Why Should This Ceasefire By Any Different?

— by Noam Bedein

‘Cease Fires’ between Israel and Hamas:
6 years of a record of non compliance

Since the last day of Operation Cast Lead (January 18, 2009) until the 1st day of Operation Pillar of Defense, the Gaza Hamas regime launched 2,000 aerial attacks against Israel. That was the third ‘ceasefire’ between Israel and Hamas.

There is talk about ‘an opportunity to reach an understanding with Hamas,’ relying on the notion that Israel must ‘give Hamas a chance for a ceasefire with Israel.’ How many people remember two failed ‘ceasefires’ were reached with the Gaza Hamas regime over the past 6 years? How many people remember what occurred during those ceasefires? The people of Sderot and the western Negev remember all too well.

First Ceasefire

Let us refresh our memories. From November 26, 2006, until May 15, 2007, the first “ceasefire” between Hamas and Israel lasted for six months. Here is the statement made by Hamas five days before agreeing to that ceasefire: “Hamas’s military wing will stop rocket fire when residents evacuate the city of Sderot.” (from November 21, 2006)

During that “ceasefire,” the Gaza Hamas regime launched 315 attacks on Sderot and the western Negev. There was no IDF response to those attacks during that “ceasefire.”

More after the jump.
Second Ceasefire

The second “ceasefire” took place from June 19, 2008 (1 year after the Hamas military took control of the Gaza strip) until December 19, 2008. During those six months of “we cease they fire,”, the Gaza Hamas regime launched 530 attacks on Israel.

2008 was the most intense year of the decade; the entire western Negev region was under constant rocket fire, with approximately 3,200 aerial attacks on Israel.

Three days before the end of 2008, the IDF military launched “Operation Cast Lead” to stop the attacks from the Gaza Hamas regime.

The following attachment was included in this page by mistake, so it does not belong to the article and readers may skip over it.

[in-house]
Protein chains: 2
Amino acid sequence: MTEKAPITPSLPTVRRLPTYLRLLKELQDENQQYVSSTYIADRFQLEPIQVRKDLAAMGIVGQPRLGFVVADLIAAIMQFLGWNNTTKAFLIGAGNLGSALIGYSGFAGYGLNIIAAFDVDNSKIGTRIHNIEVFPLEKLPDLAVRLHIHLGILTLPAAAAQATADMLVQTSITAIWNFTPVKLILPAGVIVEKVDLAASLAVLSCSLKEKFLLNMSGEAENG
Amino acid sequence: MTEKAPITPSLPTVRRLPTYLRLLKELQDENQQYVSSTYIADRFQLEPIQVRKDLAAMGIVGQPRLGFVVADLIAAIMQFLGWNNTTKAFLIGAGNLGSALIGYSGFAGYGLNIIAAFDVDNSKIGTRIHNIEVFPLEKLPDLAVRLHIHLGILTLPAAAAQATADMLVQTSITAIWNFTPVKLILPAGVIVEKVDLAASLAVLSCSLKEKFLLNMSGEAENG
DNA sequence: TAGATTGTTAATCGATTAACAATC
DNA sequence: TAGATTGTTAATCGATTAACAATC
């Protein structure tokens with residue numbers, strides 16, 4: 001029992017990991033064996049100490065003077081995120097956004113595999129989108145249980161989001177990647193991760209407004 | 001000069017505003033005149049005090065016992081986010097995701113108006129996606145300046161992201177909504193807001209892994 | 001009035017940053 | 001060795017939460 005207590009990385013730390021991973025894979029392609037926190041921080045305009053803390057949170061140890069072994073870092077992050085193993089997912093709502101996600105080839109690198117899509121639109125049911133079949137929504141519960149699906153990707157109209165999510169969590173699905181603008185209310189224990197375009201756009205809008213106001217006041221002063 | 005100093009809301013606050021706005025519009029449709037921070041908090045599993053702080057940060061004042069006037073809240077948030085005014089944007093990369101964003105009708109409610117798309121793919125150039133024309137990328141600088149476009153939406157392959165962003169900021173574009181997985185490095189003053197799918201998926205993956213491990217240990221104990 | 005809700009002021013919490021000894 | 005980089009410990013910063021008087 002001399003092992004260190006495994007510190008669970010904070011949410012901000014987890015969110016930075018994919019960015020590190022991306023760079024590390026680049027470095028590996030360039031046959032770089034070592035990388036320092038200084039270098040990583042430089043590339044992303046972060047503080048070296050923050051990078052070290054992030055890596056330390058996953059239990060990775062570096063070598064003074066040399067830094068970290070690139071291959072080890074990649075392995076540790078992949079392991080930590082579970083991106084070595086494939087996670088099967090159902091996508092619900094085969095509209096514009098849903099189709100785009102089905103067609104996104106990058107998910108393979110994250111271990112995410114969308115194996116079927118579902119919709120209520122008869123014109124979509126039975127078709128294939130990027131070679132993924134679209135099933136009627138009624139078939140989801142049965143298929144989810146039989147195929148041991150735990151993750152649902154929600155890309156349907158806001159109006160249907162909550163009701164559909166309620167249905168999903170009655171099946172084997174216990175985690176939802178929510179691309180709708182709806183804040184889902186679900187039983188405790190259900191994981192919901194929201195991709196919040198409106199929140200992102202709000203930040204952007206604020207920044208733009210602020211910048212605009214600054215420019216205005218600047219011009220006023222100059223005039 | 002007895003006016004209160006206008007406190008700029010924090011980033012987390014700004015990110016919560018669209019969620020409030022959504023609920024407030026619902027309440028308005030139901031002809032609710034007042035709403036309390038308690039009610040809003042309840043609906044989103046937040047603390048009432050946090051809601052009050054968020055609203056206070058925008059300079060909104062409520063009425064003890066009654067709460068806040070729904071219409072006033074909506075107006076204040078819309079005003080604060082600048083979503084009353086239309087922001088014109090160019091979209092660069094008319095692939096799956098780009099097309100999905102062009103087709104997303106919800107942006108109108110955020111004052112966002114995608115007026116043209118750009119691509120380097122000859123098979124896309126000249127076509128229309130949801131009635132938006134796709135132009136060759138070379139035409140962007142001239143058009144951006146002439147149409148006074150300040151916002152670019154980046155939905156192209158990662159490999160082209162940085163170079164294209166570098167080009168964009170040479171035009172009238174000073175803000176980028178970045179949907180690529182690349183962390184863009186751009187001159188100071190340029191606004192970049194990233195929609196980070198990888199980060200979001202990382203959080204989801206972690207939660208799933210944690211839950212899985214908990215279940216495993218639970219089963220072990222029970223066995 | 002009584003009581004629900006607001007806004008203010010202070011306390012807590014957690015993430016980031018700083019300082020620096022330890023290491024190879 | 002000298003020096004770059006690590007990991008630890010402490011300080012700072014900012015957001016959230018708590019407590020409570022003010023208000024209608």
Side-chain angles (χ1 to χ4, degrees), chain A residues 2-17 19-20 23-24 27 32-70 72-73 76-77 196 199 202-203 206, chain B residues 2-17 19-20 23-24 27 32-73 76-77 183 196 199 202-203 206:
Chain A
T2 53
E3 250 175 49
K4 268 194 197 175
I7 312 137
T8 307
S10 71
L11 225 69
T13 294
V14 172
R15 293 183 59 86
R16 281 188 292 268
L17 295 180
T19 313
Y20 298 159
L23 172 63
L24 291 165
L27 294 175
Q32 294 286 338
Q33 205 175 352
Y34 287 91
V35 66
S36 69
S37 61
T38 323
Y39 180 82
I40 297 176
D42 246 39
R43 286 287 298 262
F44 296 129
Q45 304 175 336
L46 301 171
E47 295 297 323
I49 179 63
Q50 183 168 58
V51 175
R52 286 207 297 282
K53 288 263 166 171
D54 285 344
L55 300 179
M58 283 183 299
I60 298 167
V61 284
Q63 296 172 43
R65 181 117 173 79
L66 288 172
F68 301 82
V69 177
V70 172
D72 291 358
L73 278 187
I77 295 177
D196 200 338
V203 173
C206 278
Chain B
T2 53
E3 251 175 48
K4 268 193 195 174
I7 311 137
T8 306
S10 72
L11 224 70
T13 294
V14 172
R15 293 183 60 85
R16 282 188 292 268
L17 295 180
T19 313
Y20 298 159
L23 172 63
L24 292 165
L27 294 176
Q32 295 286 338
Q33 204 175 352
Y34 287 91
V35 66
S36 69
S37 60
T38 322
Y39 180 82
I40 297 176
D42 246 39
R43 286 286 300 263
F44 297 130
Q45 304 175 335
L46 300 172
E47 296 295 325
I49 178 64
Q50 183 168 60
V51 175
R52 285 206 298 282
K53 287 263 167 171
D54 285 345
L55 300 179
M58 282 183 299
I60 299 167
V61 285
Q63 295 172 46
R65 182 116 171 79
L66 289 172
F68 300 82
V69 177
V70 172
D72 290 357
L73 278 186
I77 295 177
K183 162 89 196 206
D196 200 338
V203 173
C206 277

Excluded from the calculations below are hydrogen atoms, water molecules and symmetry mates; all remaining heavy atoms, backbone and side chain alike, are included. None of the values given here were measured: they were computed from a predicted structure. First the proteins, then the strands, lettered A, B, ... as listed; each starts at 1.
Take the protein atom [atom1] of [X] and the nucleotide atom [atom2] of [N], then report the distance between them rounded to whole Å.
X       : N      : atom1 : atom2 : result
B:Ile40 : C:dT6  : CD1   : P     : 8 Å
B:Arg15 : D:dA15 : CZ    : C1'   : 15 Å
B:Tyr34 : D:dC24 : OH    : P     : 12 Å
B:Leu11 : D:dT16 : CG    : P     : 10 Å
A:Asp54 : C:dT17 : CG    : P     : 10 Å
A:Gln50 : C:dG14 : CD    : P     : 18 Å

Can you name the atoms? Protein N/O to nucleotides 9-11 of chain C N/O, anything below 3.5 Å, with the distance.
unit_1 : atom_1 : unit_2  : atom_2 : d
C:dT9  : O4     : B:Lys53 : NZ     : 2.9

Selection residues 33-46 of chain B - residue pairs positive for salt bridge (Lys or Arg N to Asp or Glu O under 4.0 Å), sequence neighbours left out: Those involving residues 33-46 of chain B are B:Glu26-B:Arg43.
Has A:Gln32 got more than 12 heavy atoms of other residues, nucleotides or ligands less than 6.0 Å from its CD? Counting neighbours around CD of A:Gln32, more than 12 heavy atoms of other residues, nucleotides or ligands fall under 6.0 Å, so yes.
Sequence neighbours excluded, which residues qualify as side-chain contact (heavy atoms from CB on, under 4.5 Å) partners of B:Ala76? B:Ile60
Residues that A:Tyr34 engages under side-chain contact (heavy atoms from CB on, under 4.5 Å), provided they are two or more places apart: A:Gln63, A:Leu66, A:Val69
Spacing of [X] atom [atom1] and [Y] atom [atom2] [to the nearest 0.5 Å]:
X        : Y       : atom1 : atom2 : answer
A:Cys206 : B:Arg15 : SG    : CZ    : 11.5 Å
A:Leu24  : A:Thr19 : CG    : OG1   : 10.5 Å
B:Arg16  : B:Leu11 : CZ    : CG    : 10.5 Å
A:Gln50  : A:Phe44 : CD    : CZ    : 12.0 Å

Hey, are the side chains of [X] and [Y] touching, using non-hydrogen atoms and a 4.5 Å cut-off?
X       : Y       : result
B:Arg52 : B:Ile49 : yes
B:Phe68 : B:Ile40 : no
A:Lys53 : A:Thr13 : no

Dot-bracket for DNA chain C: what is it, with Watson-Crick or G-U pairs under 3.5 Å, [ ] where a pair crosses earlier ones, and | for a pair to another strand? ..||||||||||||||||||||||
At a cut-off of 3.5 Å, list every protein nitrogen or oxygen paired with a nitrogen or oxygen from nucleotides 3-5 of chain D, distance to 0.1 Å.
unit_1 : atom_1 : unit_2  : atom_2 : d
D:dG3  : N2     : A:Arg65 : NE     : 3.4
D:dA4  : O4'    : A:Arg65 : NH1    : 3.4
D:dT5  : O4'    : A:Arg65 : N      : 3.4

One question needs to be asked: What nation in the world would allow a one-sided “ceasefire?” What other nation would allow for one missile to explode within its territory, let alone allowing an entity to now place the majority of its population under the threat of a missile attack?

It is worthy to note that Israel’s adversaries do not advocate a “ceasefire;” they promote a hudna. A hudna means no more than a temporary respite in the war between Islamic forces and non-Islamic forces. The authoritative Islamic Encyclopedia (London, 1922) defines hudna as a “temporary treaty” which can be approved or abrogated by Islamic religious leaders, depending on whether or not it serves the interests of Islam; with the proviso that a hudna cannot last for more than 10 years.

What is the alternative? A demand of unconditional surrender from an enemy bent on Israel’s destruction.

Noam Bedein is a photojournalist, lecturer and founder/director of Sderot Media Center. He lives approximately two miles away from the Gaza-Israel border in the Israeli city of Sderot.

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